In a move that some have called “radical” and others “quite good actually”, John Lewis have toppled the very foundation of our society by deciding to end the gender segregation of children’s clothes. From now on, the labels won’t specify “boy” or “girl”, the in-store sections will be mixed, and the website will follow suit.
“It’s PC culture gone mad!!”
“I’m not putting MY son in a dress.”
“This will cause a rise in mental illnesses.”
These are some of the responses to the news, and here’s why they’re all daft.
First off, sometimes it’s trippy to just stop and think about how weird it is to gender clothes. Take socks, for example. My delicate lady toes are perfectly snug in thick, ribbed MEN socks. That also goes for shoes, jackets, most tops and jeans, hats, gloves, etc. etc. Of course, there are some minor considerations when it comes to genitals, but really people, the clothes we wear are not that different, especially when it comes to young kids. Before puberty hits, kids have largely similar needs when it comes to clothing, because they have largely similar bodies. Let’s be honest here, all babies look the same, regardless of biological sex. Don’t try to kid on that you can tell any baby apart from another, because we all know it’s impossible. This doesn’t change much up until the early teens either.
Separating clothes between boys and girls just limits their choices, and reinforces binary notions of gender identity. The clothes available often also reproduce gender stereotypes, with hats for girls at a National Trust estate saying things like “future footballer’s wife”, or Clarks naming girls’ and boys’ footwear “Dolly Shoes” and “Leader” respectively. How are we supposed to fight institutionalised sexism if we’re literally wearing it on our feet from infanthood?
There’s also the pretty bonkers thought that colours are only appropriate for people of a certain gender. How have we, as a species that has been to the moon and eradicated smallpox, clung to the idea that only half the population can like the colour pink? Buying your son a pink tutu skirt will not make his balls shrivel up and fall off, I promise. Buying him pink shoes and a dress will not make him weaker or less valuable or gay. For a start, that’s just not how sexuality works. If it did, every boy before the 1940s would be raging homosexuals and the species would have died out, because pink was considered masculine. In fact, the whole separation of colours by gender may actually have been a marketing scheme in order to entice parents to buy a whole new wardrobe for their babies if they were a different gender than their siblings. Stop taking marketing slogans as biological facts, Sheeple!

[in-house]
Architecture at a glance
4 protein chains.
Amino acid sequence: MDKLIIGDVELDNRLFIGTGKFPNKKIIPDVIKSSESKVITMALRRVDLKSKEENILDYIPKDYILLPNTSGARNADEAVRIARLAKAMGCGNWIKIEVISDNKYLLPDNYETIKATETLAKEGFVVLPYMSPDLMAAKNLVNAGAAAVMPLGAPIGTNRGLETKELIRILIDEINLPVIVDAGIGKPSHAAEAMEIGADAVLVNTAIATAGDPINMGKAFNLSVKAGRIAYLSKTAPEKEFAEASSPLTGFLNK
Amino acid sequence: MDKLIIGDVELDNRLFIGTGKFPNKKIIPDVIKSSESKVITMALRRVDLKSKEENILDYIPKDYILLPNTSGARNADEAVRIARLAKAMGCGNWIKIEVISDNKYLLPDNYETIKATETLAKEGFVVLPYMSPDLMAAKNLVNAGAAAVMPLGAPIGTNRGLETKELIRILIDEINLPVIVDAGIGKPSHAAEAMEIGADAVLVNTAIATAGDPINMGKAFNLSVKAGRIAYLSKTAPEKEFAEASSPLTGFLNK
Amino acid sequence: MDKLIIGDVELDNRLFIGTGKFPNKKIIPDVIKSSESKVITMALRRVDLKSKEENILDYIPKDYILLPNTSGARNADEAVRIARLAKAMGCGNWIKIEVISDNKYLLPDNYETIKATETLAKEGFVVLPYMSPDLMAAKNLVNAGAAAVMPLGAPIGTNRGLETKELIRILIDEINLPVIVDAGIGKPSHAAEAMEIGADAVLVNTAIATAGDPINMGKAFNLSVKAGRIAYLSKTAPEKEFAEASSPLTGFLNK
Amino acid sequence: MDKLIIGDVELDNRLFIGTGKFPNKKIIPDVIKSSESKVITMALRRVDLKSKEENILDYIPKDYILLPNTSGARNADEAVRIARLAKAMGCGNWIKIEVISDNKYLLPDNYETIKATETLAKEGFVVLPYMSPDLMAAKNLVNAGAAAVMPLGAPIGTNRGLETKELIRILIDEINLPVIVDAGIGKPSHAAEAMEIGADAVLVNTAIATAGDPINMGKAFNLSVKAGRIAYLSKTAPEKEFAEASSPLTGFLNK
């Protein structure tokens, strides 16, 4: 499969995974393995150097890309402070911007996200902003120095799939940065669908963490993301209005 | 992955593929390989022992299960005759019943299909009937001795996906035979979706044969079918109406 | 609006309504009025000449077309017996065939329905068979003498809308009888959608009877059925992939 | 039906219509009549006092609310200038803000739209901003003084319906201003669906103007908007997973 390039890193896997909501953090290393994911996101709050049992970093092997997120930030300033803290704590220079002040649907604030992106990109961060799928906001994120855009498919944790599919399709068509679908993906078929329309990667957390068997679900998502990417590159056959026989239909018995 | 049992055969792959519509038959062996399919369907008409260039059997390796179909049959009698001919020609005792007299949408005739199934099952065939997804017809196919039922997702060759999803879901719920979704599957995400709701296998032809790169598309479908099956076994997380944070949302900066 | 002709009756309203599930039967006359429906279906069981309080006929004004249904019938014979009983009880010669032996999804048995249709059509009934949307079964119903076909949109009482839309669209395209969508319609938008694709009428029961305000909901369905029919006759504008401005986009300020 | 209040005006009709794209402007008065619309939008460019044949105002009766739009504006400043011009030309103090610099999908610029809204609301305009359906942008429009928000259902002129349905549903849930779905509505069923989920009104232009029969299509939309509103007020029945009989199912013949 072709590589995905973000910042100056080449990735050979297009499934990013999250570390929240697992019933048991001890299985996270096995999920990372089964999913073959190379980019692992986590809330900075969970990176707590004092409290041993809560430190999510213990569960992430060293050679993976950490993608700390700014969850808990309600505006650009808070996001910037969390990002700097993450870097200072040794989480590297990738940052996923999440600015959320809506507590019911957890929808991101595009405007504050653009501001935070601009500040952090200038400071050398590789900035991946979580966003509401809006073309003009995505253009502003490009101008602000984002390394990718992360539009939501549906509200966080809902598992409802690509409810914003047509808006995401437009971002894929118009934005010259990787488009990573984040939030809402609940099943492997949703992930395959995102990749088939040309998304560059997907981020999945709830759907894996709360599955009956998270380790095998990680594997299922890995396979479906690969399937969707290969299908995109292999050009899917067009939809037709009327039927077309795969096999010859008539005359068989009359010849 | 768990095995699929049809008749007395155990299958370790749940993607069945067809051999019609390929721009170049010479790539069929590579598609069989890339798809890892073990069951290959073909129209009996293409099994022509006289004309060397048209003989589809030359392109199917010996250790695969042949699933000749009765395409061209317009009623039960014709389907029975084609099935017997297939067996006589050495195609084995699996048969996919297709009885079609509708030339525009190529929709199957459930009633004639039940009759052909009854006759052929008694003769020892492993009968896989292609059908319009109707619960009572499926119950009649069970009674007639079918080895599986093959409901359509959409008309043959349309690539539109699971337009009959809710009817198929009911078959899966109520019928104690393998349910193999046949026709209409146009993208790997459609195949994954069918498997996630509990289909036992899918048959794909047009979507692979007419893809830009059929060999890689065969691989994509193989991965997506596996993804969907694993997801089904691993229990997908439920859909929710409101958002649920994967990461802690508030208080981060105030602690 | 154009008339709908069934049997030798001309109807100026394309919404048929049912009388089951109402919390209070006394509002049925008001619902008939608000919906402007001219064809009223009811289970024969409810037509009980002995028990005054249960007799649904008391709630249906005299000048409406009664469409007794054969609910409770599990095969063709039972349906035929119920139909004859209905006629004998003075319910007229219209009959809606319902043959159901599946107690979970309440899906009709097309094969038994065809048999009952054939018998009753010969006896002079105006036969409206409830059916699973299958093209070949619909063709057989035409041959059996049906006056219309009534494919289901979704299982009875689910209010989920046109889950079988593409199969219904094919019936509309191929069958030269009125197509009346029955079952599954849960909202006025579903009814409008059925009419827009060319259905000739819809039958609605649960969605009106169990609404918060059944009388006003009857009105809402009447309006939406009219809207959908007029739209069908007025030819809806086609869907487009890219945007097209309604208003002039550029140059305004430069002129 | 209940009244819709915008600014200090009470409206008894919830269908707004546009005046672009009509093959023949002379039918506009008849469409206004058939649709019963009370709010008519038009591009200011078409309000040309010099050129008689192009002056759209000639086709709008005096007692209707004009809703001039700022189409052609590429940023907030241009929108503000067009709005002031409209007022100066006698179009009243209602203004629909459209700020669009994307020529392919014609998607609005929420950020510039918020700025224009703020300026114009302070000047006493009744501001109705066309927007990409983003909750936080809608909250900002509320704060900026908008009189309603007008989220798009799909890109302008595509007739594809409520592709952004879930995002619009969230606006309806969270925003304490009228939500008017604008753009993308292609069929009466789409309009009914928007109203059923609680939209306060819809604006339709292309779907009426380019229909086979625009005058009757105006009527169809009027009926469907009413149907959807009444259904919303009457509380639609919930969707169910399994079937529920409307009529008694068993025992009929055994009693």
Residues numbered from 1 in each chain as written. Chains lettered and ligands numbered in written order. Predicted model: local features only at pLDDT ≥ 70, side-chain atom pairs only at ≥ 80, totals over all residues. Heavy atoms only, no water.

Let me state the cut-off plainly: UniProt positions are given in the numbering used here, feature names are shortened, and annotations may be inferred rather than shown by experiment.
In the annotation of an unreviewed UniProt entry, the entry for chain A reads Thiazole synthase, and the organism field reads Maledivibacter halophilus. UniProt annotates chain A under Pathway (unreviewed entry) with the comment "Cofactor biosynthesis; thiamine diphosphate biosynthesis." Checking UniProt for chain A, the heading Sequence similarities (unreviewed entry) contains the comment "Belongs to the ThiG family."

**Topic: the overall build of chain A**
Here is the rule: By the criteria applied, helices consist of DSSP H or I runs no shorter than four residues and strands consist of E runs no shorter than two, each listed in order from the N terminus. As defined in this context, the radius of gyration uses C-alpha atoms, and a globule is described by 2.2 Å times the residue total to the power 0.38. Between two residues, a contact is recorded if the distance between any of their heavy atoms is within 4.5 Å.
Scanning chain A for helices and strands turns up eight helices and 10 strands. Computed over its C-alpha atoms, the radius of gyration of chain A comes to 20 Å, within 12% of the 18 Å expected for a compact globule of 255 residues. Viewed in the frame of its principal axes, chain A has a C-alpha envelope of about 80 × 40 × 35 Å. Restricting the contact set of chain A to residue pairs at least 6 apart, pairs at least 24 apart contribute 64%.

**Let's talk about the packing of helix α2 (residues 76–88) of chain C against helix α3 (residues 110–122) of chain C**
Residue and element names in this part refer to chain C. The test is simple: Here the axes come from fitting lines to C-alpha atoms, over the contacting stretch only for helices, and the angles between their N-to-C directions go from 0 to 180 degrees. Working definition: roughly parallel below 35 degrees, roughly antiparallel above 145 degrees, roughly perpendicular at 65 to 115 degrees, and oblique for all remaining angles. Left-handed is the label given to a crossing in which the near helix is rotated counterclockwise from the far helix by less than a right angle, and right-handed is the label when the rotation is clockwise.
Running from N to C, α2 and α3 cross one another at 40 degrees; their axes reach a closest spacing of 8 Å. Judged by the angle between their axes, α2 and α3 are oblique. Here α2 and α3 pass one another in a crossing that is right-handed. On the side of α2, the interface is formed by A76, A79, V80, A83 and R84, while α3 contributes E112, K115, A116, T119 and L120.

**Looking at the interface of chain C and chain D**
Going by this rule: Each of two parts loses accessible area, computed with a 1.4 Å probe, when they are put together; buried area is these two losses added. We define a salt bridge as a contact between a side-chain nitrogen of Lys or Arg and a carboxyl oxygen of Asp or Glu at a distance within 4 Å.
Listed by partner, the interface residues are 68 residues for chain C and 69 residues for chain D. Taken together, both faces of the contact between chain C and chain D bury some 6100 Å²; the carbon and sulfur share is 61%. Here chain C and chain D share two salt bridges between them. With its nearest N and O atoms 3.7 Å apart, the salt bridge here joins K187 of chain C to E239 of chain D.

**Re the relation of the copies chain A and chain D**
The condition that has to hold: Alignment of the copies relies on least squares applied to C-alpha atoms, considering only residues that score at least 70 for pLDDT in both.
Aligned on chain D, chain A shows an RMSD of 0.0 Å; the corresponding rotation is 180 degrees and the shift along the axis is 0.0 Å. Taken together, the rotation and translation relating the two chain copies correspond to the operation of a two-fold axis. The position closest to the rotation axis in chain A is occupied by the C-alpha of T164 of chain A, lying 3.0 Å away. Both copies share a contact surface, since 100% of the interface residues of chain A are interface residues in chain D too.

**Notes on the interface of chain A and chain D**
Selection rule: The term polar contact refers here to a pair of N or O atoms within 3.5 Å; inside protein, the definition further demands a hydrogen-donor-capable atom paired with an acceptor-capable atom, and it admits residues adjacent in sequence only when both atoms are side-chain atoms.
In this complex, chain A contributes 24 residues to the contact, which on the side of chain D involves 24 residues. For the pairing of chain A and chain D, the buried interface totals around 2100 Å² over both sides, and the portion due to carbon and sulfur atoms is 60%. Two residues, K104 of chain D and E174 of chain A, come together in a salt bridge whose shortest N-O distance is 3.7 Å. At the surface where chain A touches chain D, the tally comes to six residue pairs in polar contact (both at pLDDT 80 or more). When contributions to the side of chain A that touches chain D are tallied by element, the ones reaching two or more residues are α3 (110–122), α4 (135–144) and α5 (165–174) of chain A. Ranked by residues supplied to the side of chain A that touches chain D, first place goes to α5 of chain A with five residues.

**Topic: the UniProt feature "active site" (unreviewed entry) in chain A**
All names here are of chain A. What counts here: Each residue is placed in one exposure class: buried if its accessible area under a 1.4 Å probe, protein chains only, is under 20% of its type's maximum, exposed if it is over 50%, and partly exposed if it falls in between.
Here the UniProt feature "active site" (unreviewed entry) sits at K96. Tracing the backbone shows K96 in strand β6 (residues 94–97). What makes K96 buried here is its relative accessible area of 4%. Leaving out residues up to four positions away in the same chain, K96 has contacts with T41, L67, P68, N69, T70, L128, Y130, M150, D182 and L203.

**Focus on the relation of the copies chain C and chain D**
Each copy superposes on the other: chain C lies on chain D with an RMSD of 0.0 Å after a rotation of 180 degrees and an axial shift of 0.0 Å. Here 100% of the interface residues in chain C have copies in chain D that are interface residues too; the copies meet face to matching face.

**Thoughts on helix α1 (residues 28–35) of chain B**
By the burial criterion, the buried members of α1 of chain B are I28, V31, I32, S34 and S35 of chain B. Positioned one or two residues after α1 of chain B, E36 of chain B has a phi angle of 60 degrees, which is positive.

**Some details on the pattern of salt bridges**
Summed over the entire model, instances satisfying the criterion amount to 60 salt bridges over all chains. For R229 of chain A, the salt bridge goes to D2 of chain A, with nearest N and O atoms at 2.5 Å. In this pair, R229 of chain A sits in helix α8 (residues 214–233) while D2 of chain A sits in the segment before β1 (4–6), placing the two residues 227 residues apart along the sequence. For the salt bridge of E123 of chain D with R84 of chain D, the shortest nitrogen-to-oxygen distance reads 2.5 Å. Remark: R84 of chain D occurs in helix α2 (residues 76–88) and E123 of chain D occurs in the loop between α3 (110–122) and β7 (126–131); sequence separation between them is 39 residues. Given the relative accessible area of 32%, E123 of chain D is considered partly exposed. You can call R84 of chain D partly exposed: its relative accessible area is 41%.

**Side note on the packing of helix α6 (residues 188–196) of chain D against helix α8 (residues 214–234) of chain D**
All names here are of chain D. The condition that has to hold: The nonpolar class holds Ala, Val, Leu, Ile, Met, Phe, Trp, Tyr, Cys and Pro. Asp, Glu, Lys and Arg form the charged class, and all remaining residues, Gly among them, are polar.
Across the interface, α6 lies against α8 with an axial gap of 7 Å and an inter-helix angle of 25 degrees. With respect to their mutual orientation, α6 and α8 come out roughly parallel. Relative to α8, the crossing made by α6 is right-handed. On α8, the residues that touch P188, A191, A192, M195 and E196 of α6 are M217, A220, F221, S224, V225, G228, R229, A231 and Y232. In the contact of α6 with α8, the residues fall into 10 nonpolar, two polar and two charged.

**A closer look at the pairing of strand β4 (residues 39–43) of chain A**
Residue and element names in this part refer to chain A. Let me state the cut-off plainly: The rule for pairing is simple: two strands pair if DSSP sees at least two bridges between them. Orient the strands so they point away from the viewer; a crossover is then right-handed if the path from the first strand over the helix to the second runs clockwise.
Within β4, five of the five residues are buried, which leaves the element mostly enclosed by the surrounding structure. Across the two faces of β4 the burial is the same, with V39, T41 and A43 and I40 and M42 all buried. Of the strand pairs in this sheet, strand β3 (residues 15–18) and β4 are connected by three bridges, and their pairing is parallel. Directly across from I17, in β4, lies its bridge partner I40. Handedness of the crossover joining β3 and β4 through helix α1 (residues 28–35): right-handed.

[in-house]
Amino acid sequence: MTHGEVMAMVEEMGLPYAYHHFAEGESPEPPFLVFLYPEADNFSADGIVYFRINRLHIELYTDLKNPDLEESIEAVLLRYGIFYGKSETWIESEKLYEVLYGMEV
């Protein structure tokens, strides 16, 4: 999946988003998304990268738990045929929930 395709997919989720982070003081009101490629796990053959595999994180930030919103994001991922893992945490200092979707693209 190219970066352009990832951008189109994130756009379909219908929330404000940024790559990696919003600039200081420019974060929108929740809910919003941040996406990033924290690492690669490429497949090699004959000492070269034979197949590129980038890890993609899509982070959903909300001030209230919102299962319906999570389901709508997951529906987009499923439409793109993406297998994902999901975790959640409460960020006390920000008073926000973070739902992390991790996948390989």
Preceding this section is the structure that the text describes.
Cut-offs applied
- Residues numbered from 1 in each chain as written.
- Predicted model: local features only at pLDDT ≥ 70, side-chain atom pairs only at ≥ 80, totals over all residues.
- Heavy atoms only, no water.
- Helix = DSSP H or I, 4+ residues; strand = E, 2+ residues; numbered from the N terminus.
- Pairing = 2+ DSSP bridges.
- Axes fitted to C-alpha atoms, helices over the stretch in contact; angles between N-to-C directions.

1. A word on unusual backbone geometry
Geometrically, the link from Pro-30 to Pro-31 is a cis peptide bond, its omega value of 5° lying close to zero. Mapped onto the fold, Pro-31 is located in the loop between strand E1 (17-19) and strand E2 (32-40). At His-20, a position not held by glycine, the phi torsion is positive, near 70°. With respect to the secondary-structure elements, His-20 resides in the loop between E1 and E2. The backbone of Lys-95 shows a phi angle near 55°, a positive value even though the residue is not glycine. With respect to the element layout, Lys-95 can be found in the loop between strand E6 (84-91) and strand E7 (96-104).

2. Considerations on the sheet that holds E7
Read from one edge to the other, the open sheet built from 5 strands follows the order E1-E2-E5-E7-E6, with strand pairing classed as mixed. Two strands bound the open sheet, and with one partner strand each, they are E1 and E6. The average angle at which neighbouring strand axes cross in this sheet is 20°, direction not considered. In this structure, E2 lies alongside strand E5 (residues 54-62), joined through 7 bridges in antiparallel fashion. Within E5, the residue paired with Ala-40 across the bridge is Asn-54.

Buying your children clothes that they feel comfortable in may just make them happier though, and all parents should want that. Say your kid is transgender or doesn’t fit in with the binary system. To begin with, these kids are not mentally ill, they’re just kids like everybody else. Secondly, taking away gendered clothing and all the assumptions that come along with that could make things that bit easier for them. Gender stereotypes are just that – stereotypes, meaning that not everyone will fit into the model. Heck, hardly anyone ever fits neatly into a gender role, because they’re invented models with no allowance for individuality or personality. Forcing people to conform to identities that they cannot relate to harms them on a deep level, especially as young children in the formative years when they are in the crucial stages of developing a character.
The other important thing to keep reminding ourselves is that gender neutral does not mean getting rid of all things feminine. Androgynous is very often a masculine-ish look and whilst that’s well and good, let’s not throw the baby out with the bathwater. Boys should be able and actually welcome to experience the mild high of swishing your skirt out really fast, or have t-shirts with flowers all over them.
At the end of the day, no one is forcing you to raise your children as gender neutral, or even buy your sons dresses. But imagine the wild possibility that you have a son who likes skirts and nail polish, or a daughter who likes football and dinosaurs. Why would you restrict them to a rigid idea of who they can be solely because of the gender they were assigned at birth?
[Louise Wylie – @womanpendulum]